la nevada o el infierno
Wind all yesterday evening and now rain. It poured in the night but I heard nothing. I was struggling with a nightmare in which it was impossible to leave the earth. Now lights burn orange behind the tinted glass of the stacked apartments: people are appearing on balconies & at windows, staring morosely out at the wet tiles & ruffled water of the swimming pools. Slick palm fronds whip to & fro in the wind. It is as dark as a winter morning in Britain out there; everything we came to escape. Drink another cup of coffee. Read the labels off the tins. “What do we think this is?” “It’s sugar.” “& anyway why would you decorate a self-catering apartment in Tenerife with crap reproductions of Goya?” La Nevada O El Invierno: gales, ice, bent trees. Five figures struggle forward, leading a donkey on to which is strapped a dead pig. They are accompanied by a dog, & they are looking as if they wished they hadn’t come. The dog can’t understand any of it. Neither can I.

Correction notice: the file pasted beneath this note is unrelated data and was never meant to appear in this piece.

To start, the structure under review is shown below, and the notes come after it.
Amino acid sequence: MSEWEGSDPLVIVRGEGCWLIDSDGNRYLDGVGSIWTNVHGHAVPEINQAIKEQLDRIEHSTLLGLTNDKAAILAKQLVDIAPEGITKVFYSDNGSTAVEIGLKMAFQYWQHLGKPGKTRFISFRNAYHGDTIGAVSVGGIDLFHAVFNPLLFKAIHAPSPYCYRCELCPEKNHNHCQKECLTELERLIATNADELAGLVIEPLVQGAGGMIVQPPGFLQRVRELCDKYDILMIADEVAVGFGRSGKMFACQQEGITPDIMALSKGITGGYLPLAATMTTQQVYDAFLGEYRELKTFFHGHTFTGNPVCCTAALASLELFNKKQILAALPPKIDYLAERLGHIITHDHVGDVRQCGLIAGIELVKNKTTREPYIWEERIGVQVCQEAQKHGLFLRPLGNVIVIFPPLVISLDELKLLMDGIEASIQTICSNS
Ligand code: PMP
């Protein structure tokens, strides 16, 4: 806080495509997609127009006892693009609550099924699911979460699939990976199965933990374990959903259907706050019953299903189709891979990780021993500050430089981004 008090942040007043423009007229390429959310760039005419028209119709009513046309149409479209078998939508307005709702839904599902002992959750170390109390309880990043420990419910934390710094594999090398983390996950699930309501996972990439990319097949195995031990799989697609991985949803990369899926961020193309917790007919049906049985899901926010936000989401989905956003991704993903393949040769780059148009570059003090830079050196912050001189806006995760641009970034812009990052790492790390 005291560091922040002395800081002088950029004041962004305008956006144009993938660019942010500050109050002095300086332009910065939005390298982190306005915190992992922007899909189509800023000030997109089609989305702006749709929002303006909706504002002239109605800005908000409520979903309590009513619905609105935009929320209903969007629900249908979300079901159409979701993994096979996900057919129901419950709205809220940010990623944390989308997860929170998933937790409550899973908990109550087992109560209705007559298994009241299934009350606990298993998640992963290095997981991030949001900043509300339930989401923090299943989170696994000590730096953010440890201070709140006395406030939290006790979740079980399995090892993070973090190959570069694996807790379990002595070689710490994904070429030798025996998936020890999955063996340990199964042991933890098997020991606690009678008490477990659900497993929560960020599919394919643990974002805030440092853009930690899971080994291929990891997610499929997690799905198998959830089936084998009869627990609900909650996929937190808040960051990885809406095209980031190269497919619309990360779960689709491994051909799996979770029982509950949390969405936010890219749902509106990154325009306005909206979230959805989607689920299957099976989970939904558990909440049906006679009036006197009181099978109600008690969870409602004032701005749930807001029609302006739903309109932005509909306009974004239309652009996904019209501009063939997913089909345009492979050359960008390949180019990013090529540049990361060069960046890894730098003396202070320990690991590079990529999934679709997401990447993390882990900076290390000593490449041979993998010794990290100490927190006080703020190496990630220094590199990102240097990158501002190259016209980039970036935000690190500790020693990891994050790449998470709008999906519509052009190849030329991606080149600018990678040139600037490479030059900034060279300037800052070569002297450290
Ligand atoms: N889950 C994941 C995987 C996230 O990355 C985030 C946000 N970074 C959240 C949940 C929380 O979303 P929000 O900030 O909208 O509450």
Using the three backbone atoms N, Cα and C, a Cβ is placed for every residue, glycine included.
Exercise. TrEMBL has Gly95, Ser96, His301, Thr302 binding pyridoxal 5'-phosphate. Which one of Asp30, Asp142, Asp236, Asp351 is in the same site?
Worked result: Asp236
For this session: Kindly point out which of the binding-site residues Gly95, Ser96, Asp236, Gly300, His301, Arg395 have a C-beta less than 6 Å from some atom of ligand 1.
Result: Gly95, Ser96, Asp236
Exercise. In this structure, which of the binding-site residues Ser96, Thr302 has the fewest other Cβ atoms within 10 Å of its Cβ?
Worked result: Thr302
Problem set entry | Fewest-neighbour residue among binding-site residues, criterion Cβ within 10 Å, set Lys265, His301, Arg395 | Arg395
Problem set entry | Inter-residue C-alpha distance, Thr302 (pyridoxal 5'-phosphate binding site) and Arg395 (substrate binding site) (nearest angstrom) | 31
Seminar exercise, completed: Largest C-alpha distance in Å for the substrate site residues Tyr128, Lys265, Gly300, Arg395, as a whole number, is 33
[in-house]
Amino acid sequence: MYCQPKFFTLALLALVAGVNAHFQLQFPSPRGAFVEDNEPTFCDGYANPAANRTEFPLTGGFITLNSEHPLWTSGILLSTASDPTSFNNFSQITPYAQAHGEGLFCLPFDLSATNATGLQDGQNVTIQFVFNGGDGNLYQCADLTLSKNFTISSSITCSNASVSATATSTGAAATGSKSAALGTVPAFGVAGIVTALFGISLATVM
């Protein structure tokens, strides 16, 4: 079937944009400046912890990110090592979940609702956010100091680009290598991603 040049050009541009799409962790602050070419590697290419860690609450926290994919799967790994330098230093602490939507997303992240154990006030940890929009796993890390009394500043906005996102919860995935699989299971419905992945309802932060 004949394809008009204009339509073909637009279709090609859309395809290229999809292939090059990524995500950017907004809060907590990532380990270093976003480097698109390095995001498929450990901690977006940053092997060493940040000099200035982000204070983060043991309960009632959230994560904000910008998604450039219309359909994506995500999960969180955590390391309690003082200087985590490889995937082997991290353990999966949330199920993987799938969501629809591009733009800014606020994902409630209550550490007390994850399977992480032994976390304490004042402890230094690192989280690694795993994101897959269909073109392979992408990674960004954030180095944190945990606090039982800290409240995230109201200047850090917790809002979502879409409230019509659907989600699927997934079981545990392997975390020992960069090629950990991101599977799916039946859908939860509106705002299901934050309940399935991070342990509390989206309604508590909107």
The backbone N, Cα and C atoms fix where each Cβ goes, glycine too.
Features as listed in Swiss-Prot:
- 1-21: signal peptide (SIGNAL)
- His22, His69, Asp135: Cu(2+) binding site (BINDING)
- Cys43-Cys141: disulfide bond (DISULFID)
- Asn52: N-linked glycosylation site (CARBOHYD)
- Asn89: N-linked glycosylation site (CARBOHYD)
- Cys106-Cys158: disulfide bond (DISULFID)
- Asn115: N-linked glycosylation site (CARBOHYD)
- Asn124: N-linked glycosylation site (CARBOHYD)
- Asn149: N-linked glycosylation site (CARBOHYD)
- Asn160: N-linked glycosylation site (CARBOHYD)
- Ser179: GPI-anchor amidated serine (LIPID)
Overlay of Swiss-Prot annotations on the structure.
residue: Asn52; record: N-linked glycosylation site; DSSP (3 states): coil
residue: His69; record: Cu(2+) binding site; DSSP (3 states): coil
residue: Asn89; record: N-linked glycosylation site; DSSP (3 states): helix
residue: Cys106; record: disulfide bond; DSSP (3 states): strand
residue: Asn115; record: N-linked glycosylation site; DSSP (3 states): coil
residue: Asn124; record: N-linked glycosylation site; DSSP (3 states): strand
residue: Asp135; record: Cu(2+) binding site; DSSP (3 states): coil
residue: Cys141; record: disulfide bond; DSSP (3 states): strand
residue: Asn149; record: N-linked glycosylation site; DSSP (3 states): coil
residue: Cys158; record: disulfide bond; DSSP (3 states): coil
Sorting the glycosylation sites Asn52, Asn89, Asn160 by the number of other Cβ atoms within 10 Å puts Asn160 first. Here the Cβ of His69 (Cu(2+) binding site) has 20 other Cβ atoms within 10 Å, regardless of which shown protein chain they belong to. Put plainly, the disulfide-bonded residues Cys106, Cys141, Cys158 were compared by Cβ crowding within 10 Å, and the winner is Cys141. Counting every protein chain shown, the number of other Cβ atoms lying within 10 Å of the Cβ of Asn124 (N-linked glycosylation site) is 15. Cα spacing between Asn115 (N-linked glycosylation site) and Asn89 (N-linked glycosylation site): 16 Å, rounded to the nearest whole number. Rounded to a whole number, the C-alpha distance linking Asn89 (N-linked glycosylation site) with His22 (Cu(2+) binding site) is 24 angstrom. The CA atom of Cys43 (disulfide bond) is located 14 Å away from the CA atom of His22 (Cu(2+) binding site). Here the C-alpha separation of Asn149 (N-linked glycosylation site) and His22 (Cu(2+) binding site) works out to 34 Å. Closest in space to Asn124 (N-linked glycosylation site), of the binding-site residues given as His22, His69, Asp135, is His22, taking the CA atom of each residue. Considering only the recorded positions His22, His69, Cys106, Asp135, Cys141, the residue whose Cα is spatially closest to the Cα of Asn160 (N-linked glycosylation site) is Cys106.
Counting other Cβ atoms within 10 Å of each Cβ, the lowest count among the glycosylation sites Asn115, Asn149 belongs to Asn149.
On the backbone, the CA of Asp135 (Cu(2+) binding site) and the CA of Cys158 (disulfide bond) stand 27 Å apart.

A ballardian Spain. Wait until we begin undoing the empty apartment blocks, one brick a time, in order to employ the unoccupied.